therapy in undescended testes is sufficiently

strong to recommend a change in clinical practice.

(Biers and Malone, 2010)


Post orchidopexy GnRH therapy

implication on fertility

• Prepubertal treatment of cryptorchidism with

the GnRH analogue Buserelin in patients with a

fertility index (which may act as a predictor for

fertility later on in life) of less than 0.2 (fewer

than 0.2 cells per tubular cross section) based

on testis biopsy at orchiopexy has resulted in

improved total germ cell counts and improved

spermiograms.

(Hadziselimovic, 1983;1997).


Post orchidopexy GnRH therapy

implication on fertility

• Huff et al (2001) showed that 75% of boys

with significantly reduced germ cell counts

who were treated with nafarelin after

orchiopexy and bilateral testicular biopsy,

showed a significant improvement in total

germ cell counts on rebiopsy after 5

months.


Post orchidopexy GnRH therapy

implication on fertility

• Although, data from the long-term follow-up of

the impact of hormonal treatment on fertility

potential was lacking, Hadziselimovic (2008),

was able for the first time, to demonstrate that

infertility in cryptorchidism can be successfully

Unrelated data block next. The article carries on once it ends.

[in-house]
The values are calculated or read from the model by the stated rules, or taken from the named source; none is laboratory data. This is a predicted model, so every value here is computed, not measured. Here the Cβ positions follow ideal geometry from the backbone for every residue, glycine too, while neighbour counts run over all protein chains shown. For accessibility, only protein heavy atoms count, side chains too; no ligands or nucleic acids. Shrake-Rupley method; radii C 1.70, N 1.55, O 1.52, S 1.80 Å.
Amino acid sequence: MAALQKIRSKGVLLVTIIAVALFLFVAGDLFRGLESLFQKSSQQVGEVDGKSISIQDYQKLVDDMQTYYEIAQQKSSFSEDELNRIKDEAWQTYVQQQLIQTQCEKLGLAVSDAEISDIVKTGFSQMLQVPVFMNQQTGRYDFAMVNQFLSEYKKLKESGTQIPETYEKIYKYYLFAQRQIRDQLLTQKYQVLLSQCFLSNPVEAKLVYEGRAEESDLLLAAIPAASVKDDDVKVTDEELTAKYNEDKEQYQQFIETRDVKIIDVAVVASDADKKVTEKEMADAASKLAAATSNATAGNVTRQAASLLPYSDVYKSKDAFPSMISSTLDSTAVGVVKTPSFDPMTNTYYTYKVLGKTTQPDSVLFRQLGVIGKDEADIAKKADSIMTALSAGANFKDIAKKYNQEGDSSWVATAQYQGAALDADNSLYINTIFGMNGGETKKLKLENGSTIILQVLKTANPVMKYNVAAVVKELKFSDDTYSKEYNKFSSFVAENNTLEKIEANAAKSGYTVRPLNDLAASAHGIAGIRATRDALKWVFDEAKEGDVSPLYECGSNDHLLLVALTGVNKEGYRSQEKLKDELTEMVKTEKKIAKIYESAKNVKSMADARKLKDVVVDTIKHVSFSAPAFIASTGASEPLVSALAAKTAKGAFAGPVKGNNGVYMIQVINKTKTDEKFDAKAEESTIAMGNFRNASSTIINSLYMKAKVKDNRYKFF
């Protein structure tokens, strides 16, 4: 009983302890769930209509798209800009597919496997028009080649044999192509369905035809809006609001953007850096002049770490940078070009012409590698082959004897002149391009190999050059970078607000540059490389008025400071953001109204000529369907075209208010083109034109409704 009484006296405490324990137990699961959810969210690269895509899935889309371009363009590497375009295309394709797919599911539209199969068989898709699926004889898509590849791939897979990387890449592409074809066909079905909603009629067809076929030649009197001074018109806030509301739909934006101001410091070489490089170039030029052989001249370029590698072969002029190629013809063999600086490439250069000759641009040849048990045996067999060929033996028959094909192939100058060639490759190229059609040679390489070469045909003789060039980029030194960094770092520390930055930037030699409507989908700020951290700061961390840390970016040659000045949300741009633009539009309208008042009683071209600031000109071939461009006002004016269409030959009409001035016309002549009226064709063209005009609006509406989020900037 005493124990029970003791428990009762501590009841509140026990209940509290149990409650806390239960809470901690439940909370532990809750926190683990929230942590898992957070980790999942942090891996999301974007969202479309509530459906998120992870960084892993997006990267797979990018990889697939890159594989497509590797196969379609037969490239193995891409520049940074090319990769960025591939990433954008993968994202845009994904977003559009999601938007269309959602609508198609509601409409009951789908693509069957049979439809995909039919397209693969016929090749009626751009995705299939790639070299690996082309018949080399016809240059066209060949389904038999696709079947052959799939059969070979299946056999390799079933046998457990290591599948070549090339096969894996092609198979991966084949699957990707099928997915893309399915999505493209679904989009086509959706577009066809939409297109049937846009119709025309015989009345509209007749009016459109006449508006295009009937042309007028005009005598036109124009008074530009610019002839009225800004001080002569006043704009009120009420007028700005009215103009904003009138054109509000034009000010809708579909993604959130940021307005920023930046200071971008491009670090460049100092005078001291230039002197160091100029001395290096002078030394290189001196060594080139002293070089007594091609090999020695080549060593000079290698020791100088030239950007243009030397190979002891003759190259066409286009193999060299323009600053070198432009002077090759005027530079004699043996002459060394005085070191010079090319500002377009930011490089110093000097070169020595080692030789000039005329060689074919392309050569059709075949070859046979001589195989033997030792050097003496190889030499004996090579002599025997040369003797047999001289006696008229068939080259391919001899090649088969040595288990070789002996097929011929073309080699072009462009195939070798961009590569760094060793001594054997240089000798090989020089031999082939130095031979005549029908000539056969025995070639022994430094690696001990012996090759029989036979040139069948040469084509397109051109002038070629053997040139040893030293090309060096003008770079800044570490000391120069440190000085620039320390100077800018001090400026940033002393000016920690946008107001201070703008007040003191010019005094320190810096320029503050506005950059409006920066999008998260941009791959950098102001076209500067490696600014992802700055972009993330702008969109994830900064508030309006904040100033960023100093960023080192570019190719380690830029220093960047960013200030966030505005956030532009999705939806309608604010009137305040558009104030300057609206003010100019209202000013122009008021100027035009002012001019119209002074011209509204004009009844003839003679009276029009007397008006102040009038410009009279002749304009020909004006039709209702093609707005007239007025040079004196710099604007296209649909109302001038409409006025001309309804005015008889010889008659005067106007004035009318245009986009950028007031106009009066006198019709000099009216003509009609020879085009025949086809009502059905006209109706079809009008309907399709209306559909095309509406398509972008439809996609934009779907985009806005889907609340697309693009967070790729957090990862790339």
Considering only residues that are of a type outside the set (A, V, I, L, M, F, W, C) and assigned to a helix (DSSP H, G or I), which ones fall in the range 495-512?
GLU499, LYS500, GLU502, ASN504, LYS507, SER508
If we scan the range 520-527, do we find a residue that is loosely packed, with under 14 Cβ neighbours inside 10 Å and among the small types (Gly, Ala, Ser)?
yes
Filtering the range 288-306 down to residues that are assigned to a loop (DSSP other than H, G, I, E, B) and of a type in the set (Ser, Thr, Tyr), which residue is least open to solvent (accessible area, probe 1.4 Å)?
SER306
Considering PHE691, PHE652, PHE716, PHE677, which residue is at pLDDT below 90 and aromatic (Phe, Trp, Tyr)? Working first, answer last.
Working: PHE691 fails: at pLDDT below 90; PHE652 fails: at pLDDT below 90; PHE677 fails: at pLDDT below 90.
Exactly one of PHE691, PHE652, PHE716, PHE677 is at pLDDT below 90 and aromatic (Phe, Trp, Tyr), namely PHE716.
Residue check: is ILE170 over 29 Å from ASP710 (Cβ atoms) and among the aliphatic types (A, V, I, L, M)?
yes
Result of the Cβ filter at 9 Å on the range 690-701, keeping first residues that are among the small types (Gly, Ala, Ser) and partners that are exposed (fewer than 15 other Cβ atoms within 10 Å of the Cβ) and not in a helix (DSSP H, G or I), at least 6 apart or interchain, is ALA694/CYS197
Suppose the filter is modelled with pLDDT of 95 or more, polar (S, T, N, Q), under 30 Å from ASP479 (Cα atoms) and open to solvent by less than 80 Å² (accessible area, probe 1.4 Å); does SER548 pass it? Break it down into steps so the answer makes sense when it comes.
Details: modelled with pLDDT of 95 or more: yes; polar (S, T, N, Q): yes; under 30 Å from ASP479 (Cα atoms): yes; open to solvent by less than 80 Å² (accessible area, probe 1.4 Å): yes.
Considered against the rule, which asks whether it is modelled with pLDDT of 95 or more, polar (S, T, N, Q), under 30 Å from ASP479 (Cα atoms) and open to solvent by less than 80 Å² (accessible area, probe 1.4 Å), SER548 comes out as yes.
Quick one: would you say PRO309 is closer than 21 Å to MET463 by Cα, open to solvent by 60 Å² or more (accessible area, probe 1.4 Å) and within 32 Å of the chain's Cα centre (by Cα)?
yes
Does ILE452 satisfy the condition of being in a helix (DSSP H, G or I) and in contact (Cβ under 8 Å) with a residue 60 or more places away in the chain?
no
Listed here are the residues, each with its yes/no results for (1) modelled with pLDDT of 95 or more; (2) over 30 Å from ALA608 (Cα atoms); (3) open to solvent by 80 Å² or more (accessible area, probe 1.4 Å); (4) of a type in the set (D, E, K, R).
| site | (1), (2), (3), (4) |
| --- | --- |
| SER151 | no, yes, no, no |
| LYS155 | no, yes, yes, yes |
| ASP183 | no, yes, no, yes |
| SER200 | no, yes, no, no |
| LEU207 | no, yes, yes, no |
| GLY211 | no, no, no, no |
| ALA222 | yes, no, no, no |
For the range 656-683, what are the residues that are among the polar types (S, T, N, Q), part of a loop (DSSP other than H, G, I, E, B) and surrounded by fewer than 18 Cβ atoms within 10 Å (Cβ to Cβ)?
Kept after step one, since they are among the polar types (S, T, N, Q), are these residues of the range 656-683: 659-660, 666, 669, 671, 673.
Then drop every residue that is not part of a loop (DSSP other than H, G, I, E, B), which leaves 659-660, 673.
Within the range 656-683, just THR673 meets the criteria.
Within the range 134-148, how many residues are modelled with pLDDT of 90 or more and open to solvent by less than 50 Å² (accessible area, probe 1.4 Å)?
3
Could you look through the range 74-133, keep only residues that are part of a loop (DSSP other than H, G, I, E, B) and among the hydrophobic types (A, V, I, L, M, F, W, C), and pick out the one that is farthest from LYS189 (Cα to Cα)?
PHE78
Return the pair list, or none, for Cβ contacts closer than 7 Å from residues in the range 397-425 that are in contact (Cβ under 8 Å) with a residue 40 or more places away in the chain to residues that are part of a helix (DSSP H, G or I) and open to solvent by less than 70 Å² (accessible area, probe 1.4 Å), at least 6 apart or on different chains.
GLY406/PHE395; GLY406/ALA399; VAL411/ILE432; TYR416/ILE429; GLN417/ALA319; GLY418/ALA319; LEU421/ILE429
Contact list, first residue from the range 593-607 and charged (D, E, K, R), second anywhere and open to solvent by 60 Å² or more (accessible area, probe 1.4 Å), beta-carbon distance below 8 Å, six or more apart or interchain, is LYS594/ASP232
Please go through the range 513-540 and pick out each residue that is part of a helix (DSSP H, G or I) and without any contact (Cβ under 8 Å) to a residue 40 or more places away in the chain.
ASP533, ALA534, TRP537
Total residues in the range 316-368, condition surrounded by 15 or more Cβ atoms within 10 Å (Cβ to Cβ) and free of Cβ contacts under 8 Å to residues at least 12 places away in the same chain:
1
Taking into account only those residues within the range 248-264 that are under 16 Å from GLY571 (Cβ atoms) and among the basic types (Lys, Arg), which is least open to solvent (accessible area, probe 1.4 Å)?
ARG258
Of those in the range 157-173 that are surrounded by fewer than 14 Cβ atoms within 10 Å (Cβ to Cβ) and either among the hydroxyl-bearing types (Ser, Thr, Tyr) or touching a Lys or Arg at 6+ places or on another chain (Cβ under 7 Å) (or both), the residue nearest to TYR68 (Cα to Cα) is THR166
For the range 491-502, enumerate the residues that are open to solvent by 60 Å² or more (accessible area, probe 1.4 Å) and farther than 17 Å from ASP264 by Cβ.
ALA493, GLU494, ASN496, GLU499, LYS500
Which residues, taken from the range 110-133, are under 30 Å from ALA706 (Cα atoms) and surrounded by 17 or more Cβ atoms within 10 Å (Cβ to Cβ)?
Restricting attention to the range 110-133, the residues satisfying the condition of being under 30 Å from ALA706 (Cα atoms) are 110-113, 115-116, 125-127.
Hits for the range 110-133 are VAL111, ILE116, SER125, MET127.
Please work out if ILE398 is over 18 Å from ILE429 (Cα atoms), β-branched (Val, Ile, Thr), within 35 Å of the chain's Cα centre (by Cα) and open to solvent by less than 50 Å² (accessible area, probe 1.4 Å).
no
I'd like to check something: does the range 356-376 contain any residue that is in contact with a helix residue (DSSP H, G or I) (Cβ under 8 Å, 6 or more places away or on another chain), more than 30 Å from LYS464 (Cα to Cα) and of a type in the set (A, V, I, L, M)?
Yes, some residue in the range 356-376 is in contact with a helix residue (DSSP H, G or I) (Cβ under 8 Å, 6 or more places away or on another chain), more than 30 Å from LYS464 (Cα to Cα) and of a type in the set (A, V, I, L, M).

corrected when suitably treated with a LH-RHa.

Sperm parameters normalized following therapy in

the majority of cryptorchid males (86%) who,

untreated, would have remained infertile.


PRE- orchidopexy GnRH therapy

implication on fertility

• Neoadjuvant GnRH in prepubescent boys

before surgery may also positively affect

future fertility, with the highest fertility

indices reported with therapy before age 2

years (Schwentner , et al. 2005).


HCG Therapy

implication on fertility

• Reported side effects of HCG include germ cell

apoptosis and, importantly, reduction in the

number of germ cells and the size of the testes in

adulthood (Dunkel et al., 1997).

• The adverse effects of hormonal treatment may

be age-dependent, most harm being caused at 1–

3 years of age (Cortes et al., 2000).


Orchidopexy

techniques

implication on

fertility


Orchidopexy techniques implication on

fertility

• Rosenmerkel in 1820 was the first to advocate

placement of the undescended testis in the

scrotum (Cabot and Nesbit, 1931).

• A variety of surgical techniques of orchiopexy

have been reported since then, from the various